Burris' Ethics Bubble Bursts, Opening Door for Expulsion
By admitting that he tried, without success, to raise money for former Gov. Rod Blagojevich prior to Blagojevich appointing him to the U.S. Senate, Sen. Roland Burris has exposed himself to whole new set of complex and potentially damaging legal hurdles, ethics lawyers say.
No longer is the question -- as was the case during Burris' controversial appointment -- whether or not he is qualified to serve in office. Now it is a vaguer dispute over whether, by acknowledging that he left out information during his impeachment committee testimony and (unsuccessfully) tried to fundraise for the embattled former governor, Burris has exhibited conduct that deserves reprimand, censure or even expulsion from the Senate.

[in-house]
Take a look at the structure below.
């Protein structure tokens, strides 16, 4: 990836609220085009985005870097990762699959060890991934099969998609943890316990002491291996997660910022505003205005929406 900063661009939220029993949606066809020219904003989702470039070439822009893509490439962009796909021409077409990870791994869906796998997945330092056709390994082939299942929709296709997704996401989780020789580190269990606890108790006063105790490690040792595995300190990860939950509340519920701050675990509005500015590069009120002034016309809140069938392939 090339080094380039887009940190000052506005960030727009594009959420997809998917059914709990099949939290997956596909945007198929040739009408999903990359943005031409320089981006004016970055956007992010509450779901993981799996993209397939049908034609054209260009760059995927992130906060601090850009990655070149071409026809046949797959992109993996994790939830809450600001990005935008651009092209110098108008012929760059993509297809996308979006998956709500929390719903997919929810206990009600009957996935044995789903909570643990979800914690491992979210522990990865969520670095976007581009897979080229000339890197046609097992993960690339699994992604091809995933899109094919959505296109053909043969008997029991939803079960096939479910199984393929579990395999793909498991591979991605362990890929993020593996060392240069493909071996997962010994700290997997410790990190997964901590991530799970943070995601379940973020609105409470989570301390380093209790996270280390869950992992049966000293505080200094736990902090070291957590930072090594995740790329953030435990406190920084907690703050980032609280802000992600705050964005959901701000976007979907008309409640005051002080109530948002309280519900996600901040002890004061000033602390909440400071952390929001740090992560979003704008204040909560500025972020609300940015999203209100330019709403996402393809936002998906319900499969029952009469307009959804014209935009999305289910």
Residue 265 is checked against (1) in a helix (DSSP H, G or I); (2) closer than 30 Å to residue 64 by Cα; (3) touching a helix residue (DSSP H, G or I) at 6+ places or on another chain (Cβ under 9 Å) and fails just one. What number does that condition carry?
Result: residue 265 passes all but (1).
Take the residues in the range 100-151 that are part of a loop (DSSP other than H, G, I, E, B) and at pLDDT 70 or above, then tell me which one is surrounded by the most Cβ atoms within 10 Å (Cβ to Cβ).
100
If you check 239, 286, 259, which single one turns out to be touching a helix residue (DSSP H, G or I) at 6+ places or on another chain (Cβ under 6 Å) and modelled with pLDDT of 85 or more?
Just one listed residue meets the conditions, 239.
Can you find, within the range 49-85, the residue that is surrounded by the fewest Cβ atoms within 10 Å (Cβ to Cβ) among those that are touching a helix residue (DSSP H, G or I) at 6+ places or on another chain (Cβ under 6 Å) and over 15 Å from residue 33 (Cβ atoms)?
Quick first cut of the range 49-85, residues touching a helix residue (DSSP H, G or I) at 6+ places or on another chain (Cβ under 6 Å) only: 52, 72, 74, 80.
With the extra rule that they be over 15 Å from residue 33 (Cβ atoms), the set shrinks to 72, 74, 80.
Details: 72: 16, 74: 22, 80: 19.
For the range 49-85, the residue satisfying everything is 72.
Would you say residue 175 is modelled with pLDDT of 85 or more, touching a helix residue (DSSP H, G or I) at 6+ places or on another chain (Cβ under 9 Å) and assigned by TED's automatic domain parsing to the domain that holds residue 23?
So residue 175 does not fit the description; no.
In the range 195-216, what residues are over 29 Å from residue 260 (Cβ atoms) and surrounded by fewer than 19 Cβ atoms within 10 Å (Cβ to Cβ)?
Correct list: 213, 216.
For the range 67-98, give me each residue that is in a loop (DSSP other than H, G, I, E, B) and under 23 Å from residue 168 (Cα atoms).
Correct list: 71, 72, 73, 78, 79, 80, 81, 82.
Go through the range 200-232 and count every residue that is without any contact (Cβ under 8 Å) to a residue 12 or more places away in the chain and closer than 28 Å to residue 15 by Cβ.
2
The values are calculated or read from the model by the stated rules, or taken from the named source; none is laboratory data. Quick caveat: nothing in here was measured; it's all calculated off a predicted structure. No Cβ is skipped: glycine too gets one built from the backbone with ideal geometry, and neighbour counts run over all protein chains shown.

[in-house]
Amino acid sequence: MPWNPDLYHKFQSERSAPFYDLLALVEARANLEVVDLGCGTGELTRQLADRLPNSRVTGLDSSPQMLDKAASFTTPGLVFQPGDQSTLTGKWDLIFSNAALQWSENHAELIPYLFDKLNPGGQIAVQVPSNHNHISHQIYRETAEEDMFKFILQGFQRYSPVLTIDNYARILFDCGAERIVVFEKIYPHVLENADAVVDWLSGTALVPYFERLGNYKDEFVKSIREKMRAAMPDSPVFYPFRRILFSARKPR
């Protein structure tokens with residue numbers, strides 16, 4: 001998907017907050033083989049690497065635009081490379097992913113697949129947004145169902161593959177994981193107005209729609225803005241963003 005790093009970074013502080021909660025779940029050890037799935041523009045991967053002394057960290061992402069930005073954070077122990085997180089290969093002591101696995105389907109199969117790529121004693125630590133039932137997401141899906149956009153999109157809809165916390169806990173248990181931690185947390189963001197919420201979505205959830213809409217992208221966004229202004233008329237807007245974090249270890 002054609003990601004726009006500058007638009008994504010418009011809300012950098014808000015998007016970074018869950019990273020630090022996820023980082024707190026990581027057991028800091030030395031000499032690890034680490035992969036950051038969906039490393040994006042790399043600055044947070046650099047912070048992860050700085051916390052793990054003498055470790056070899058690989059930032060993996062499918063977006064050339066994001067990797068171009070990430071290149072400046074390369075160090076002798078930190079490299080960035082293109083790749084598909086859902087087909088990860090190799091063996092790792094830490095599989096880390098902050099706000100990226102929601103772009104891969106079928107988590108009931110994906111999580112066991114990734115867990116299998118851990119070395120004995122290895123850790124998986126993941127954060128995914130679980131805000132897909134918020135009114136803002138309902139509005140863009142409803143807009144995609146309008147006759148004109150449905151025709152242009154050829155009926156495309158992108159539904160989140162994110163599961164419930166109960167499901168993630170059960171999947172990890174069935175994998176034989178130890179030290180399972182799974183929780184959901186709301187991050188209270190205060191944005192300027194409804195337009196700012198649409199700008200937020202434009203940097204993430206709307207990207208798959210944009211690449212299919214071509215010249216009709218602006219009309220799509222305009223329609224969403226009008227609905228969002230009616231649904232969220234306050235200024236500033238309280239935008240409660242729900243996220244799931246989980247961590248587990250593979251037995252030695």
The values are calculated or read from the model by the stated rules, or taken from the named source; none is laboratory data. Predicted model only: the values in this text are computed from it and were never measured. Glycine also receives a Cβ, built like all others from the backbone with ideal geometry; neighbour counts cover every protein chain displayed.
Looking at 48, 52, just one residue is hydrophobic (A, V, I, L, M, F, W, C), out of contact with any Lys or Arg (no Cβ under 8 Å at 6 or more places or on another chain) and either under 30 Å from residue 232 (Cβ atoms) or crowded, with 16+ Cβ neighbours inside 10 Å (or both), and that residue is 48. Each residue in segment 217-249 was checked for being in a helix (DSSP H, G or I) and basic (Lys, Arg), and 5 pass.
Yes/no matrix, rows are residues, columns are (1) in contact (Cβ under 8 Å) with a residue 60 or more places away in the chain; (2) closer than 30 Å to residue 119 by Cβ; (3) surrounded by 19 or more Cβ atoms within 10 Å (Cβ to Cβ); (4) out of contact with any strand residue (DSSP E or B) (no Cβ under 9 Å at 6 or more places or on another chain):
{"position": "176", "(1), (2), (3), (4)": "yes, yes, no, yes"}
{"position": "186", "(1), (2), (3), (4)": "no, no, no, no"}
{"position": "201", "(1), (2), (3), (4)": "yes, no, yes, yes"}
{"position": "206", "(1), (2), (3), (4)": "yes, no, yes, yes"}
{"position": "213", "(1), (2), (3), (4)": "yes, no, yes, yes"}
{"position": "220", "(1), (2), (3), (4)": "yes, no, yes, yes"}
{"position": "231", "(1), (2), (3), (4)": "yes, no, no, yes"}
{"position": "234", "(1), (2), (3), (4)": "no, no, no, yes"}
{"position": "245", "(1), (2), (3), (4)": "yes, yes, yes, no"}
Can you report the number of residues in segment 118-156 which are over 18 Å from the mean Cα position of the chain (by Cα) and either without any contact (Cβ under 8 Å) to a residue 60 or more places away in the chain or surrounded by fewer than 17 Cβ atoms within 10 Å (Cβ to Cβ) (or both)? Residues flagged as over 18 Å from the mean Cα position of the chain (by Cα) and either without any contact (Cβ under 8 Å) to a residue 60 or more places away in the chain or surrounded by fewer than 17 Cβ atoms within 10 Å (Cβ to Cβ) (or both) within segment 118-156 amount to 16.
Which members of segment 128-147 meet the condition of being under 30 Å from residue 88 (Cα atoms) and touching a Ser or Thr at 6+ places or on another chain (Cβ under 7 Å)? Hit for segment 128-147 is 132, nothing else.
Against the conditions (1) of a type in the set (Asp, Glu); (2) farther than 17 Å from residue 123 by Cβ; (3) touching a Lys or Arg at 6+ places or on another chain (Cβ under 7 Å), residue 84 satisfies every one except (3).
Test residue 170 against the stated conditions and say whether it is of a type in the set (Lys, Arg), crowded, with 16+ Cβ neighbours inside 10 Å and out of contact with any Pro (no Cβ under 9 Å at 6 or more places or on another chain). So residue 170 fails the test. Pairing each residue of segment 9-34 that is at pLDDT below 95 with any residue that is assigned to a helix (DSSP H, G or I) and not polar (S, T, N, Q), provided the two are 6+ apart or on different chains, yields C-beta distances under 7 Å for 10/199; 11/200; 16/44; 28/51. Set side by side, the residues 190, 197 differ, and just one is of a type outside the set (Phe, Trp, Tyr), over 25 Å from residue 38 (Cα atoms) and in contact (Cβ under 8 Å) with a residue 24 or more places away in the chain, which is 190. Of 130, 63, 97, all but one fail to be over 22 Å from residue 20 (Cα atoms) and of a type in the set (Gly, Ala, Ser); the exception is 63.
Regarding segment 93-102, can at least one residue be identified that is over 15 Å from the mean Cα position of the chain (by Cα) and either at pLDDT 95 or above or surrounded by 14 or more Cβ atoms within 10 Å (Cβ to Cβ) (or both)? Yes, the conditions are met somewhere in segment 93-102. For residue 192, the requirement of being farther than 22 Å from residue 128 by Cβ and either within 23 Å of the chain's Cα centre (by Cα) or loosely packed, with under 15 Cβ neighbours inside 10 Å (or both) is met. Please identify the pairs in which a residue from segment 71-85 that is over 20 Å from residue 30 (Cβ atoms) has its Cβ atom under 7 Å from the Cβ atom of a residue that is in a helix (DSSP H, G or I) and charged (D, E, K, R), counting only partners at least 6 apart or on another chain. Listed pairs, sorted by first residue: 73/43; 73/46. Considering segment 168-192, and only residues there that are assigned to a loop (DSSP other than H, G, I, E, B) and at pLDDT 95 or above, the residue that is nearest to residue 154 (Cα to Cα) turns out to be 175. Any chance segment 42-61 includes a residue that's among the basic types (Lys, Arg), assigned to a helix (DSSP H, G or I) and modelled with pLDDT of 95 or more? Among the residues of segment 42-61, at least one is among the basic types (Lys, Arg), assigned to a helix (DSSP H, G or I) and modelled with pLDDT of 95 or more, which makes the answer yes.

"We are beyond the constitution now," said Ken Gross, a Washington lawyer who heads Skadden Arp's Political Law practice. "It is within the Senate's authority to expel him from office. And the standards are amorphous... In recent history I don't know if a flat perjury conviction has ever been the basis for removal but it certainly could be. And in this case the Senator came in with two strikes against him already. There won't be many people standing up for him now."